Simply Minty Brownies!

You can turn plain brownies into minted brownies really easily.

Earlier this spring, Heather Albrecht shared her super simple brownie recipe with me. I posted the recipe on my blog on May 31. Yesterday she suggested a great way to “mint” the brownies. (And it adds another hit of chocolate!)

Heather said her mom puts half the brownie batter in the pan, covers it with a single layer of After Eight mints, then adds the remaining batter. The brownies are baked as usual.

The result?

“Mmmmmmmmm!” says Heather.

Decadent, minted fudgey brownies! What’s not to like? I may have to make this brownie variation this weekend.

Thanks, Heather!

(For more brownie recipes, visit Brownie Lover’s Diary.)


Smoooothies!

Berry Banana Smoothies

When it’s too hot to cook, a thick, smooth, cold, creamy beverage can fill me up and chill me down – all at the same time!

I’ve always got the basic ingredients to make smoothies (frozen fruit and ice cream, yogurt or sherbet) in my freezer. Fresh fruit can also be used to make these creamy smooth beverages, but for a really frosty, thick drink, I prefer frozen fruit. You can freeze fruits like berries and peaches during the summer and fall when they’re in season so you have them on hand year round. Or, you can purchase bags of prepared frozen fruits.

Since I always seem to buy too many bananas and their yellow skins darken and flesh softens before we get around to eating the bunch, those that have ripened beyond my preference automatically go into the freezer. To make it easier and less messy to use them later in smoothies (or baking), and to keep them from turning brown, before they get added to the large resealable bag of frozen bananas in my freezer, I peel them and wrap each one individually in a small piece of plastic wrap.

Frozen yogurt, sherbet or ice cream will also help add thickness to a smoothie. If you don’t have any of these options on hand, but you have some yogurt in your fridge, place the required amount in a plastic container and put it in the freezer until it’s firm (about 4 hours), stirring occasionally.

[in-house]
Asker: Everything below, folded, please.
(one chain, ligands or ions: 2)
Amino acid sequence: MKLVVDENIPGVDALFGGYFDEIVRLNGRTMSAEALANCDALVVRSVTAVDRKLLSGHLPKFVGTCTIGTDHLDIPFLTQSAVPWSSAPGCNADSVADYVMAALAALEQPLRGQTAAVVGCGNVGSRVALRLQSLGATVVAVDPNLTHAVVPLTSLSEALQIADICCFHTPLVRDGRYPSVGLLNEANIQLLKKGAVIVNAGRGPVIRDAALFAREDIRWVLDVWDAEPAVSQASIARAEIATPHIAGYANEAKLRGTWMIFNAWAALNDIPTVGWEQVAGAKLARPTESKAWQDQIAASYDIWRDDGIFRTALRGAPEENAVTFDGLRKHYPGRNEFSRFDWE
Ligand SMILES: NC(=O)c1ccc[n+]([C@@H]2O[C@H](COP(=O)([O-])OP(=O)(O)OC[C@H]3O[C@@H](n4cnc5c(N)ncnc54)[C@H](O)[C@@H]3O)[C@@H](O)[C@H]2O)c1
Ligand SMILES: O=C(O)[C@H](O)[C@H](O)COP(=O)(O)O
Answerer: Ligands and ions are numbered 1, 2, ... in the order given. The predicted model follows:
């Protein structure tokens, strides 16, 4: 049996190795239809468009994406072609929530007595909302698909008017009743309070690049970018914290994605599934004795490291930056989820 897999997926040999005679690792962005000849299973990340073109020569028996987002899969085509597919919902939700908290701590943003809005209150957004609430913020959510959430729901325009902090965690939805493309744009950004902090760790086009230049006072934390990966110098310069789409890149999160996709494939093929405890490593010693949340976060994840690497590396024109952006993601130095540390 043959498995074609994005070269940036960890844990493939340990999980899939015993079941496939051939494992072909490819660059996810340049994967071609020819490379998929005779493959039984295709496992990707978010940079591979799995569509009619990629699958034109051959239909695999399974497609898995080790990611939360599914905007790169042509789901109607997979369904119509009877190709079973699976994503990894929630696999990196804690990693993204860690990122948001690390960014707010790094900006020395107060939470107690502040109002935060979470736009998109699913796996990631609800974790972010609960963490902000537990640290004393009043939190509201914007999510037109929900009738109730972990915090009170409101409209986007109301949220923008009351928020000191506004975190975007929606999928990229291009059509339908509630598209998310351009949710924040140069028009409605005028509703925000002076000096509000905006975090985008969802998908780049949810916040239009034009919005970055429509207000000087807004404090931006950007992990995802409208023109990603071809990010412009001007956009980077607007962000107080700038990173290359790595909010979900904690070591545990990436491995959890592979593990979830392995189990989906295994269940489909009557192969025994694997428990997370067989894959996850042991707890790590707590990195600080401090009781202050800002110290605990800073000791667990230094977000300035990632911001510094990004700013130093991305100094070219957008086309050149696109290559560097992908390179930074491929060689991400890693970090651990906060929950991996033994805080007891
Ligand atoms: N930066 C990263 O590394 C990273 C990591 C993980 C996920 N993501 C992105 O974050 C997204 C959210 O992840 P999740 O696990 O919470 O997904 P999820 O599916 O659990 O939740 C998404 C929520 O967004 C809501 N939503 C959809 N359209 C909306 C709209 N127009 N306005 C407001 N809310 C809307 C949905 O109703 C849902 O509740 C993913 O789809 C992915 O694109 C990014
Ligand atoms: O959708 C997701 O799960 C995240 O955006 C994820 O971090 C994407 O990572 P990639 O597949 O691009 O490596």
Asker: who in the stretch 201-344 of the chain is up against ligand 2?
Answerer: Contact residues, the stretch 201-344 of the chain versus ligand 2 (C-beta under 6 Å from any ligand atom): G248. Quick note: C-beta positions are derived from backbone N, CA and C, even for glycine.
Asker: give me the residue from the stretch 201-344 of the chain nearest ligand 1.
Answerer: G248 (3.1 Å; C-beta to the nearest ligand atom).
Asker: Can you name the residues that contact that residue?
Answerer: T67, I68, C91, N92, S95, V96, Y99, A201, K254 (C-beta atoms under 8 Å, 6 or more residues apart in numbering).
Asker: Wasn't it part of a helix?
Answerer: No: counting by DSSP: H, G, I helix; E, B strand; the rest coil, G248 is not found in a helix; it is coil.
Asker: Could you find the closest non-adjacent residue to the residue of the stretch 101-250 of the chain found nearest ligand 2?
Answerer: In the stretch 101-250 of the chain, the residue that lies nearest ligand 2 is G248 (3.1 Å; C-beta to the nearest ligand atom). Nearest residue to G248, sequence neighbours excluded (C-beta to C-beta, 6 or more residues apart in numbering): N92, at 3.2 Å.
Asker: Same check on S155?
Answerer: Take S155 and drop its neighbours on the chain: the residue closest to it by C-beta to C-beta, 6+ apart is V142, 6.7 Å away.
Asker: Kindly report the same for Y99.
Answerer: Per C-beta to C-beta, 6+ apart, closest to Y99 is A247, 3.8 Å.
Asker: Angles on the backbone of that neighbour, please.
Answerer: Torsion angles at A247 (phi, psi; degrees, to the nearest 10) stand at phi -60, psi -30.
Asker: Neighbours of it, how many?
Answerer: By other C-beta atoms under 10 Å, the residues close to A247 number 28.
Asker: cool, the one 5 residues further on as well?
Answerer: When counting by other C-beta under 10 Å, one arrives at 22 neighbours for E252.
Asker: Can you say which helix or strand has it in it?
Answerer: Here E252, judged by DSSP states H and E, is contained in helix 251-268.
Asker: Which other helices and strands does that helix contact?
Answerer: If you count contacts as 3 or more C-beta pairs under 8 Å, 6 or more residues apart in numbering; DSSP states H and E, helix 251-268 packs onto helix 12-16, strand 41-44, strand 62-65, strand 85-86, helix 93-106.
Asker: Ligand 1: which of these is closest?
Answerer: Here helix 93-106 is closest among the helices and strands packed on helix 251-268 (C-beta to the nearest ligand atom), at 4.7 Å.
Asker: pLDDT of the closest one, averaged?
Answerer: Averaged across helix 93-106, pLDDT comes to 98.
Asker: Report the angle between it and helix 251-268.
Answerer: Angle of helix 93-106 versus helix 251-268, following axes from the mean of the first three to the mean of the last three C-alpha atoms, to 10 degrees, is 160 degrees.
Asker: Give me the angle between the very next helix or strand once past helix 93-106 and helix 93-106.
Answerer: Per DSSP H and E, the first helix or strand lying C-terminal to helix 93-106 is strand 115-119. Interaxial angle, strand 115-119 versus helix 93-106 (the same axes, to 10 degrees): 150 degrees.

You almost can’t go wrong blending ingredients to make a smoothie. And experimenting is half the fun!

Here’s the recipe for a smoothie I enjoyed last week while sitting on our deck – book in one hand, beverage in the other! (I used the last few blueberries from last season to make the smoothies.)

Berry Banana Smoothie
(Makes 2 servings)

2 cups (500 mL) milk
1 cup (250 mL) orange sherbet
1 cup (250 mL) fresh or frozen blueberries, raspberries or strawberries
1 frozen banana, cut into pieces

In a blender, combine milk, sherbet, berries and banana. Process until smooth. Pour into two tall glasses. Serve with a straw.

Variation: Instead of orange sherbet, try another fruit-flavoured sherbet or vanilla or fruit-flavoured frozen yogurt. Vanilla ice cream can be substituted too.)

Grilled pizzas with pita bread crust

Grilled Pita Pizzas

Grilled pizza on the barbecue is one of our favourite ways to prepare pizza.

Although you can grill a pizza made with a homemade pizza dough, store-bought frozen pizza dough (thawed to room temperature, of course), flatbread or even tortillas, our preference is to use whole wheat pita bread for the crust.

For a variety of good reasons. Or so we like to think.

* A pita pizza cooks quickly.

* Depending on how hungry you are, one or two pita pizzas (or more if you’re a lumberjack!) make a perfect lunch – or served with a green salad, a filling supper.

* A pita pizza is a convenient size to cut into small wedges to serve as an appetizer.

* It’s also a perfect size for making individual pizzas to suit personal tastes. In fact, we often have grilled pizza on the menu when we’re entertaining during the summer. We put out the toppings and have our guests make their own pizzas. Sure, we might be shirking our hosting responsibilities by making our company prepare their own meal. But this way, no one can complain that they don’t like their pizza. Or if they do, no one can blame the irresponsible hosts!

To make a grilled pizza, start by heating the barbecue on High. Brush one side of the pita bread with olive oil. This will help crisp and flavour the crust. Then spread on the sauce of your choice – pizza sauce, pasta sauce, sun-dried tomato pesto, a flavoured olive oil, roasted red pepper dip, a combo of hoisin and barbecue sauce (very nice when you’re putting chicken on your pizza), or vegetable-flavoured cream cheese (goes well with a veggie pizza). Think outside the pizza box a little, and use whatever “sauce” you like!

Then add the toppings of your choice. Keep in mind that the cooking time for this pizza will be short, so it’s best to slightly pre-cook hard vegetables (e.g broccoli, asparagus, sweet peppers), or at least cut them into small pieces. Unless you want a crunchy pizza, that is. Hey, you’re the pizza chef! You can make this pizza however you prefer!

Once the pizza is loaded with ingredients and the barbecue has been preheated on High, turn the heat down to medium-low. Slip the pizza on to the grill, close the barbecue and heat until the toppings are warmed through and the cheese has melted, about 5 or 6 minutes.